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Andorra - Renting Property


Andorran law requires all short stay visitors to reside in hotels or registered tourist apartments. The law also states that owners of those establishments must register the name of every overnight guest with the police. As a result, your passport will be examined in front of you so the details can be submitted.

There are a number of websites that allow property owners to list accommodation available for rent, from spare bedrooms to entire chalets. If you are securing accommodation in Andorra via this route, check you have an email from the owner confirming their rental meets all legal obligations.

Finding An Apartment In Andorra

If you are heading out to Andorra to find work for the winter season, start by staying in very short-term accommodation. Once you have found a job and your work permit has been issued, you be able to work out a budget for covering your accommodation costs for the rest of the winter season.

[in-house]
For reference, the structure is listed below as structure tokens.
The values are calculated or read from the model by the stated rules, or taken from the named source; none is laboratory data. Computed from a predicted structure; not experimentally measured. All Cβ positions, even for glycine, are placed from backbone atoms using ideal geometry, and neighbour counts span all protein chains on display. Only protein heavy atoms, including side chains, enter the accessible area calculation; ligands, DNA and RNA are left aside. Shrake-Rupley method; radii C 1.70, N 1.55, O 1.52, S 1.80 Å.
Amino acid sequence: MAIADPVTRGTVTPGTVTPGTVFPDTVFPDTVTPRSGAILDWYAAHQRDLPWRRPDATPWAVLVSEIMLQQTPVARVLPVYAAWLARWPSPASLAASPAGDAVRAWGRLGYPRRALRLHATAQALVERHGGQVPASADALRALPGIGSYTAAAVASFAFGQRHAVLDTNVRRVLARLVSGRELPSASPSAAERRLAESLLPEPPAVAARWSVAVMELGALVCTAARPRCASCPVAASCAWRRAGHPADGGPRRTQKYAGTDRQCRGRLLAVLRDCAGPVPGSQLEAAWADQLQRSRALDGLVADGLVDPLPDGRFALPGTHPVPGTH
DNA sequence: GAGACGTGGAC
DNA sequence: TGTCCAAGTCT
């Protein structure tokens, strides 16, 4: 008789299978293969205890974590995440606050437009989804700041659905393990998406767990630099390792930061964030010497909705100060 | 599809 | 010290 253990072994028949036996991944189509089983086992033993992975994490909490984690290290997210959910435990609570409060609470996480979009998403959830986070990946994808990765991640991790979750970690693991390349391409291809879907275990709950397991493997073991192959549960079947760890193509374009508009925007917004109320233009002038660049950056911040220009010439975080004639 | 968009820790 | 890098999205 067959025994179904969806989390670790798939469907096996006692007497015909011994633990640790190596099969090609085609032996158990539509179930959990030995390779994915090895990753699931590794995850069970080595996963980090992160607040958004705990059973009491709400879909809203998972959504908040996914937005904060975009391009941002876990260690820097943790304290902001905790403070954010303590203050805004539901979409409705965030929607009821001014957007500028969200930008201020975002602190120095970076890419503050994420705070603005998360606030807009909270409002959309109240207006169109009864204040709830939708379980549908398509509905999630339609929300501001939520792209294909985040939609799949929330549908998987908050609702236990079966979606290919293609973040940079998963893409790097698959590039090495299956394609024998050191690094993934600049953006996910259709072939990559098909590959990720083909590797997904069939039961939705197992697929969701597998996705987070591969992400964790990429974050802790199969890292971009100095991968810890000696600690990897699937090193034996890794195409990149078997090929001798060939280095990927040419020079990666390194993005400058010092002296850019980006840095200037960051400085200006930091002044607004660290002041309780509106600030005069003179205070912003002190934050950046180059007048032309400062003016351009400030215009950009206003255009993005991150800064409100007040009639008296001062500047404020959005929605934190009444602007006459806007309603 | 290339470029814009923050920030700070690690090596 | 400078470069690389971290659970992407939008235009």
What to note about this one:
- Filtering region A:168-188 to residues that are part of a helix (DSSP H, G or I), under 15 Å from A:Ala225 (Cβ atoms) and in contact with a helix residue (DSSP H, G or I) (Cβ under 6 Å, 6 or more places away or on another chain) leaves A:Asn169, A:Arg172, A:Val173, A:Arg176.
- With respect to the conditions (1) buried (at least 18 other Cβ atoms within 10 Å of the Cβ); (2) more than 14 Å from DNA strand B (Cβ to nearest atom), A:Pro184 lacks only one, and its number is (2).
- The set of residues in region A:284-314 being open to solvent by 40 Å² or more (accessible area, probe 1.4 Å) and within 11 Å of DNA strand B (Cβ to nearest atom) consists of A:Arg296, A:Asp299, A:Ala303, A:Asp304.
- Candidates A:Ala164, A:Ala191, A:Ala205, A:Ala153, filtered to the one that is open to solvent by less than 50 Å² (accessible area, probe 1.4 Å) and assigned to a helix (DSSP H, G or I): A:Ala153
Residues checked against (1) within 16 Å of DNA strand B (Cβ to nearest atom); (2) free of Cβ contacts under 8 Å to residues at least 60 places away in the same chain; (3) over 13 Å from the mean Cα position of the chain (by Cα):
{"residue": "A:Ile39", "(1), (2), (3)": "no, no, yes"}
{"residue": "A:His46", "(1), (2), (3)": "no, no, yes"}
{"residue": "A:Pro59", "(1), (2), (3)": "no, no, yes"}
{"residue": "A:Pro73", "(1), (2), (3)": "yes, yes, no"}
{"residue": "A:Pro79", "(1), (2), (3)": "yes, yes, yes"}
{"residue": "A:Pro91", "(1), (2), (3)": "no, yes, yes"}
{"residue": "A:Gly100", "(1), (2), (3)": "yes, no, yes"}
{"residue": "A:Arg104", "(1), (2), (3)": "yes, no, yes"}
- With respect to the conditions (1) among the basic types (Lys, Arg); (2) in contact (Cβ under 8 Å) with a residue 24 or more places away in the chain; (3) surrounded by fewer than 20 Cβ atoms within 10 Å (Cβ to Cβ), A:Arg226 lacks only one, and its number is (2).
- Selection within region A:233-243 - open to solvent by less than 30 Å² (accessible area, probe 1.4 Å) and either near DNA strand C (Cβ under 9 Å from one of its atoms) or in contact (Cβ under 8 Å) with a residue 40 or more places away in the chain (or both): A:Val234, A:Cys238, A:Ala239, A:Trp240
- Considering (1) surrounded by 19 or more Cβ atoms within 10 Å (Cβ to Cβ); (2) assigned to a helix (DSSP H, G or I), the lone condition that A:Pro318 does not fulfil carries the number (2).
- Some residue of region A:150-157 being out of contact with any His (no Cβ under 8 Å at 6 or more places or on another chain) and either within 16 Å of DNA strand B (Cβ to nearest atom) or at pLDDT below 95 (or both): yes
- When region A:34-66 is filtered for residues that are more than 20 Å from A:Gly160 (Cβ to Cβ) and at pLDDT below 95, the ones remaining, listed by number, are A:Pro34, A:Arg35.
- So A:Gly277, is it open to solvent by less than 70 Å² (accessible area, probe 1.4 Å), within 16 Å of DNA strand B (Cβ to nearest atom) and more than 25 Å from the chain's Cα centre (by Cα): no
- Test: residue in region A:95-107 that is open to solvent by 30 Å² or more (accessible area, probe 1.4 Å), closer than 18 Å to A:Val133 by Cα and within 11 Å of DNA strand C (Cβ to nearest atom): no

Your new employer or co-workers will have contacts and advice to help you secure affordable accommodation for the season. Be aware that you will be staying during the principality’s busiest time of year, when there are plenty of well-heeled skiers vying for holiday lets. Therefore, your accommodation will be fairly basic and probably shared with other seasonal workers, and will rarely be cheap.

Some employers will provide accommodation as part of the work on offer. A good example of this is in the chalet hospitality sector. Groups of guests staying in a catered chalet will be provided with breakfast and an evening meal, and possibly lunch too, by one person who also cleans the premises and undertakes a wide range of other hospitality tasks as required. It is essential for these staff to be in or near the chalet at all times, with free time spent usually at the local ski slopes. This means that accommodation will be offered in or very near the chalet.